LIEUTENANT DUNBAR anticipated some changes  to the language.  One                                                               
of  the  key  points  to  remember   is  that  AKNG  is  a  small                                                               
organization with  few legal resources; therefore,  AKNG seeks to                                                               
expand the number of people who  can serve as judge advocates and                                                               
on  the  commission.    Currently,  the  proposed  bill  contains                                                               
stringent conditions for  those who serve on the  commission.  In                                                               
further  response to  Representative Tuck,  he said  the Military                                                               
Appeals Commission  is an  appeals court.   The  court-martial is                                                               
the  trial   court,  the  Military  Appeals   Commission  is  the                                                               
appellate court,  and the last right  to appeal is to  the Alaska                                                               
Court of  Appeals.  In  further response to  Representative Tuck,                                                               
he  said the  language related  to who  may serve  on the  court-                                                               
martial  court was  included in  HB 121,  but is  not in  HB 126,                                                               
because it has  not been determined whether  this provision would                                                               
be in statute or regulation.                                                                                                    
REPRESENTATIVE  TUCK recalled  discussing  possible conflicts  of                                                               
interest and impartiality,  and offered to advise  the sponsor on                                                               
this matter.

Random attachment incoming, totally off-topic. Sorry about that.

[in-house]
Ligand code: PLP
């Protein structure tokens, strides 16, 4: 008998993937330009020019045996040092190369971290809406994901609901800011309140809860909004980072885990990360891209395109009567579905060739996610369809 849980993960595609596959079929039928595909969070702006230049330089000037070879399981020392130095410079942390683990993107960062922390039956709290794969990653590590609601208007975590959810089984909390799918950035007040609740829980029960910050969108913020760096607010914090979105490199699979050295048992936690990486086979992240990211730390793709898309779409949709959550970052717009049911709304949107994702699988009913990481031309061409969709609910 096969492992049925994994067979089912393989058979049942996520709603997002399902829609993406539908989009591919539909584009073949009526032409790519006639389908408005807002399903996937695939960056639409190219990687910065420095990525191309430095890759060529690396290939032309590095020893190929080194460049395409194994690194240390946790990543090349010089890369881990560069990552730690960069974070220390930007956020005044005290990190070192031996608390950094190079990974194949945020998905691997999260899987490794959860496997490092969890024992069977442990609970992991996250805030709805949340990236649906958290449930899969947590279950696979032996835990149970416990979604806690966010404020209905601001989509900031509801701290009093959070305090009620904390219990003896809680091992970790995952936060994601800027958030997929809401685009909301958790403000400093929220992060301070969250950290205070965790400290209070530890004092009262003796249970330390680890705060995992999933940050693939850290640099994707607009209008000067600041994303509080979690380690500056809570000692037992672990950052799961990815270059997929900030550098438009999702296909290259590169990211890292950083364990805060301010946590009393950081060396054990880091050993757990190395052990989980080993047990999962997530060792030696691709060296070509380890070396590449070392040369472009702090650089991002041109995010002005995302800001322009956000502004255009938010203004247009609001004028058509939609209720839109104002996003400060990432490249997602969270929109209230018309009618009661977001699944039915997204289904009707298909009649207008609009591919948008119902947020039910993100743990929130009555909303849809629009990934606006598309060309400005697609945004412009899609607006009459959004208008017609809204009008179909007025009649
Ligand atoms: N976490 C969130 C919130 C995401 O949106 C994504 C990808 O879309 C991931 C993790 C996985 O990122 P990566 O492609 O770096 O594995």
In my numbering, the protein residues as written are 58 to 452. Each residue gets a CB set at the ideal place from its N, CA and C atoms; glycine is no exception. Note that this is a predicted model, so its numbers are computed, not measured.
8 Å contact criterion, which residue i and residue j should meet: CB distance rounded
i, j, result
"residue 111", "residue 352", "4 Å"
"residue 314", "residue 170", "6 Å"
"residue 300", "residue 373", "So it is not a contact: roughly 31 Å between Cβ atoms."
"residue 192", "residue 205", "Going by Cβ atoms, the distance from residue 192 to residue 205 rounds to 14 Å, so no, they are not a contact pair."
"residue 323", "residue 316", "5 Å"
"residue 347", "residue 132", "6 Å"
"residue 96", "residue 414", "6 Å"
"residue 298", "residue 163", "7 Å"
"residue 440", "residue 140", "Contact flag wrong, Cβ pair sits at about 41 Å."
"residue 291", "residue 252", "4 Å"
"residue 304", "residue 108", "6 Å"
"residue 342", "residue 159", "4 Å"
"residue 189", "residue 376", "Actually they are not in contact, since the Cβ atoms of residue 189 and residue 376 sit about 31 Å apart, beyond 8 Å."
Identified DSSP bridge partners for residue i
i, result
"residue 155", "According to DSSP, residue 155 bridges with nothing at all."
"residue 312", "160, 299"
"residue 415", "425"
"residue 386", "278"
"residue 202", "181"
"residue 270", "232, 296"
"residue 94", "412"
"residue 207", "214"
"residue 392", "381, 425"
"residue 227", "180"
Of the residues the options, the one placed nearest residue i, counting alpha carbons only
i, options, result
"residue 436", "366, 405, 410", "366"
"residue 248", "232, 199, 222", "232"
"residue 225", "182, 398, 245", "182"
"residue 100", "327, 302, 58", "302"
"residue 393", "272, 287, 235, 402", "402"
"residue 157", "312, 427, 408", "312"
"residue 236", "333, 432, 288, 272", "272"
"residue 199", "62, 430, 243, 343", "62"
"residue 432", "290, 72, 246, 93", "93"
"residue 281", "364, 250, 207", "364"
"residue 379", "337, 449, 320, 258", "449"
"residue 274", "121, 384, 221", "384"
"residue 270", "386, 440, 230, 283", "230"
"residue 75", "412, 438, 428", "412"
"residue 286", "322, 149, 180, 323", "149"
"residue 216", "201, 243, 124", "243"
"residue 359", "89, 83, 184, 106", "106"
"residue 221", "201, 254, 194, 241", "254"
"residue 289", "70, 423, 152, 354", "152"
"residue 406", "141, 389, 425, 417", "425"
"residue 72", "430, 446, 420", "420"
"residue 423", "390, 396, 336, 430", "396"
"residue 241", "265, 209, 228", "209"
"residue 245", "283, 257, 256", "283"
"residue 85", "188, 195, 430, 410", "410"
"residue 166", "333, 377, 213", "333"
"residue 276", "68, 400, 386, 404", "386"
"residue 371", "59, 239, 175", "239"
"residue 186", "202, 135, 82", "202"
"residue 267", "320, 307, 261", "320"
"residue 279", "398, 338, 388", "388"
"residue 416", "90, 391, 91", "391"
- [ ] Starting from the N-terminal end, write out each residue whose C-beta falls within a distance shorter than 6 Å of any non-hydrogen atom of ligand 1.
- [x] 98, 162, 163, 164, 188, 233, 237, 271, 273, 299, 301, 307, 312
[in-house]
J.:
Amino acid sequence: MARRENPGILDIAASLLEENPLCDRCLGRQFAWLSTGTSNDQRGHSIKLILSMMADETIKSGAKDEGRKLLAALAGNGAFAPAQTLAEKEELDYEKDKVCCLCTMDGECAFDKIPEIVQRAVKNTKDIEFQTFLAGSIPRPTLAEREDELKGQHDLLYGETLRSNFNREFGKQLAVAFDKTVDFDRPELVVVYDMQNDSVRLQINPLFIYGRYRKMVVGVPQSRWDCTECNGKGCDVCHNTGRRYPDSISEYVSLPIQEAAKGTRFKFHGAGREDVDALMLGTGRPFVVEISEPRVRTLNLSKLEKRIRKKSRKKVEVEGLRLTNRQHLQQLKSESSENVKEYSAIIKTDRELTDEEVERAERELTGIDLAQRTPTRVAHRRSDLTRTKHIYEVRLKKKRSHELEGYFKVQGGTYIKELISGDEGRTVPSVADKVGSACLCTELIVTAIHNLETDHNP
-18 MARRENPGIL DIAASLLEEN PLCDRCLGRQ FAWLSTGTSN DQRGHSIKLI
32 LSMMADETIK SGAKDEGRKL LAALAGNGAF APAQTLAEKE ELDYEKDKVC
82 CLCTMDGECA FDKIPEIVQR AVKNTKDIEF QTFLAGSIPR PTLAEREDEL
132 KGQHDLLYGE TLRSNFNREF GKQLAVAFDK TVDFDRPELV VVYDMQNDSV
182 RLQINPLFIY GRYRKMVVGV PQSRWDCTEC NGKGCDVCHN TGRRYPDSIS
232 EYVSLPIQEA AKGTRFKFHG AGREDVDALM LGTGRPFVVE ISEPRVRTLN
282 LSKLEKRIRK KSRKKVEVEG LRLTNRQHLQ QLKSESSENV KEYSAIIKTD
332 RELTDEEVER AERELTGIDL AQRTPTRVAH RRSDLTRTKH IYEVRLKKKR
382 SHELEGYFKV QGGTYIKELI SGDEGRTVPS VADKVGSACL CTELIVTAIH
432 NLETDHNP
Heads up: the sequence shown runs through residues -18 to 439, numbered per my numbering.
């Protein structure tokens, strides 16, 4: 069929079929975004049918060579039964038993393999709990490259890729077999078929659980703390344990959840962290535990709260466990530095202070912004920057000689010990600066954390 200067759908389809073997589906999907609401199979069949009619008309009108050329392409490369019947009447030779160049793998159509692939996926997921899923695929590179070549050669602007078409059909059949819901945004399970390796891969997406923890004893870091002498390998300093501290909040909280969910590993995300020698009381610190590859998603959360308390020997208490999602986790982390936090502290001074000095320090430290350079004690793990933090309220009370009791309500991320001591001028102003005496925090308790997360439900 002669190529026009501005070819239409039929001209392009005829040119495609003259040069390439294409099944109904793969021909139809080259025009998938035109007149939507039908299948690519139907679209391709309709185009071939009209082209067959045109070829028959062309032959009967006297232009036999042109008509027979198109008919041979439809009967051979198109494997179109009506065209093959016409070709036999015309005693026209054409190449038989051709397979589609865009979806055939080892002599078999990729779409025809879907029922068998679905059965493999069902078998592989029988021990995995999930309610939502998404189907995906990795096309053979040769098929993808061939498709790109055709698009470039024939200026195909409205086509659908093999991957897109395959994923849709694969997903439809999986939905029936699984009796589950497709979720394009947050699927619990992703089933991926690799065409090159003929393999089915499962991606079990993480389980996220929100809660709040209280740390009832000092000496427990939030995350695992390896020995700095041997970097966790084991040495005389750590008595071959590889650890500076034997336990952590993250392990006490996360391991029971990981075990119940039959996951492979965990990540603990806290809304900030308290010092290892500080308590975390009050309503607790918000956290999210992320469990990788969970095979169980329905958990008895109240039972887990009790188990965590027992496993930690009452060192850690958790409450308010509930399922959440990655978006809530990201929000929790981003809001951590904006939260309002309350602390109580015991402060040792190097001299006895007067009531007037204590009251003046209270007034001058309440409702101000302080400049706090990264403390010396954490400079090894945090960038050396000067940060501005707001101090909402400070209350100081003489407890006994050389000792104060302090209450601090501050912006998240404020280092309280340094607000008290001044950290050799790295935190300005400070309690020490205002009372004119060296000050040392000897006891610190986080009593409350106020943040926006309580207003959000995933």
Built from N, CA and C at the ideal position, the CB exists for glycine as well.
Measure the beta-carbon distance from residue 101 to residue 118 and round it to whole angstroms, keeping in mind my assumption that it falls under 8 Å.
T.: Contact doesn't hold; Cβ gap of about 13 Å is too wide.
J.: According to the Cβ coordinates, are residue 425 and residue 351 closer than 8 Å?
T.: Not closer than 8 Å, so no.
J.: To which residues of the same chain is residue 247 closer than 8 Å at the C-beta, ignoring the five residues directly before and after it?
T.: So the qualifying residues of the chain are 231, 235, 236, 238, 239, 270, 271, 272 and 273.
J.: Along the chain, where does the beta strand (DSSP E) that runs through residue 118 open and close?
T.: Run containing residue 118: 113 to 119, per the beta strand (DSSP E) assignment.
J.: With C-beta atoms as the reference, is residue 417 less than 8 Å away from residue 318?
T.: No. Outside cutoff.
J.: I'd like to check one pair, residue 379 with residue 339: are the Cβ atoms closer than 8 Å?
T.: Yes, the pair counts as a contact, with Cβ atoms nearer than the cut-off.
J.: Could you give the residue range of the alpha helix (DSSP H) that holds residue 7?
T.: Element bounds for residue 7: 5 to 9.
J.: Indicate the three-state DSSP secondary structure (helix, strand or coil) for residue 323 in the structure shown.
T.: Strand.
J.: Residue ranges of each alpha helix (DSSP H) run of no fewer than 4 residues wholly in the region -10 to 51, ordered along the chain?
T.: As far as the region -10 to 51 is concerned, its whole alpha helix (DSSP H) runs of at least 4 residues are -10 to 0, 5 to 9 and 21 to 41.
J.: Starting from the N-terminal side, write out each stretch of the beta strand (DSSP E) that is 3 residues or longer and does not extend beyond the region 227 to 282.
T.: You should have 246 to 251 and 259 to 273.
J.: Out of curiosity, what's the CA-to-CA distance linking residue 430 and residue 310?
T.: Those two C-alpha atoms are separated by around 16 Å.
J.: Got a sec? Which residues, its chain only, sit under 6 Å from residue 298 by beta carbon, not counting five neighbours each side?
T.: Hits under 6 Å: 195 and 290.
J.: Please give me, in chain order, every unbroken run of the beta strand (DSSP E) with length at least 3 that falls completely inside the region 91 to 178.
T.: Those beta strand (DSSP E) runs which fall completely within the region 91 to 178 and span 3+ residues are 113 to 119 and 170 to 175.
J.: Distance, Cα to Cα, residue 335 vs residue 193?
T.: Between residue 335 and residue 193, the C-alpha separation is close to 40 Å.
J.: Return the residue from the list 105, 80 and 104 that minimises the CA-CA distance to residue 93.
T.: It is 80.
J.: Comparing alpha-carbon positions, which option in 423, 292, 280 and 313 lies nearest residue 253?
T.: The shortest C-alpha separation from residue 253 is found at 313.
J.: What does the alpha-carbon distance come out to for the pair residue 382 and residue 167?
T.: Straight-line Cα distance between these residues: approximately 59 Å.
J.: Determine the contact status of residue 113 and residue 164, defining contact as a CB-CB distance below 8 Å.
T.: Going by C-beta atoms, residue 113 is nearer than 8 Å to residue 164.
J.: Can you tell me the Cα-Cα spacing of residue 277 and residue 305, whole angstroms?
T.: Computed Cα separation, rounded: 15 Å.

LIEUTENANT  DUNBAR noted  that HB  126 holds  some provisions  to                                                               
prevent conflicts, which is another  reason to expand the pool of                                                               
those who can serve as defense and trial counsel.                                                                               
2:41:12 PM                                                                                                                    
VICE-CHAIR  LEDOUX  asked  for  examples  of  actionable  conduct                                                               
against a guardsman who is not on duty.                                                                                         
MR.  DOEHL  said  those  regulations have  not  been  drafted  or                                                               
approved;  however,  he suggested  an  example  would be  posting                                                               
one's  military  affiliation  in conjunction  with  inappropriate                                                               
comments on social media.                                                                                                       
VICE-CHAIR  LEDOUX  posed  the situation  in  the  above  example                                                               
without a reference to one's military affiliation.                                                                              
MR. DOEHL  advised that  the regulatory  process needs  to define                                                               
the shared expectations  of conduct on duty and off  duty, and to                                                               
establish notice to enlistees.                                                                                                  
REPRESENTATIVE  HUGHES   asked  for  the  term   of  service  for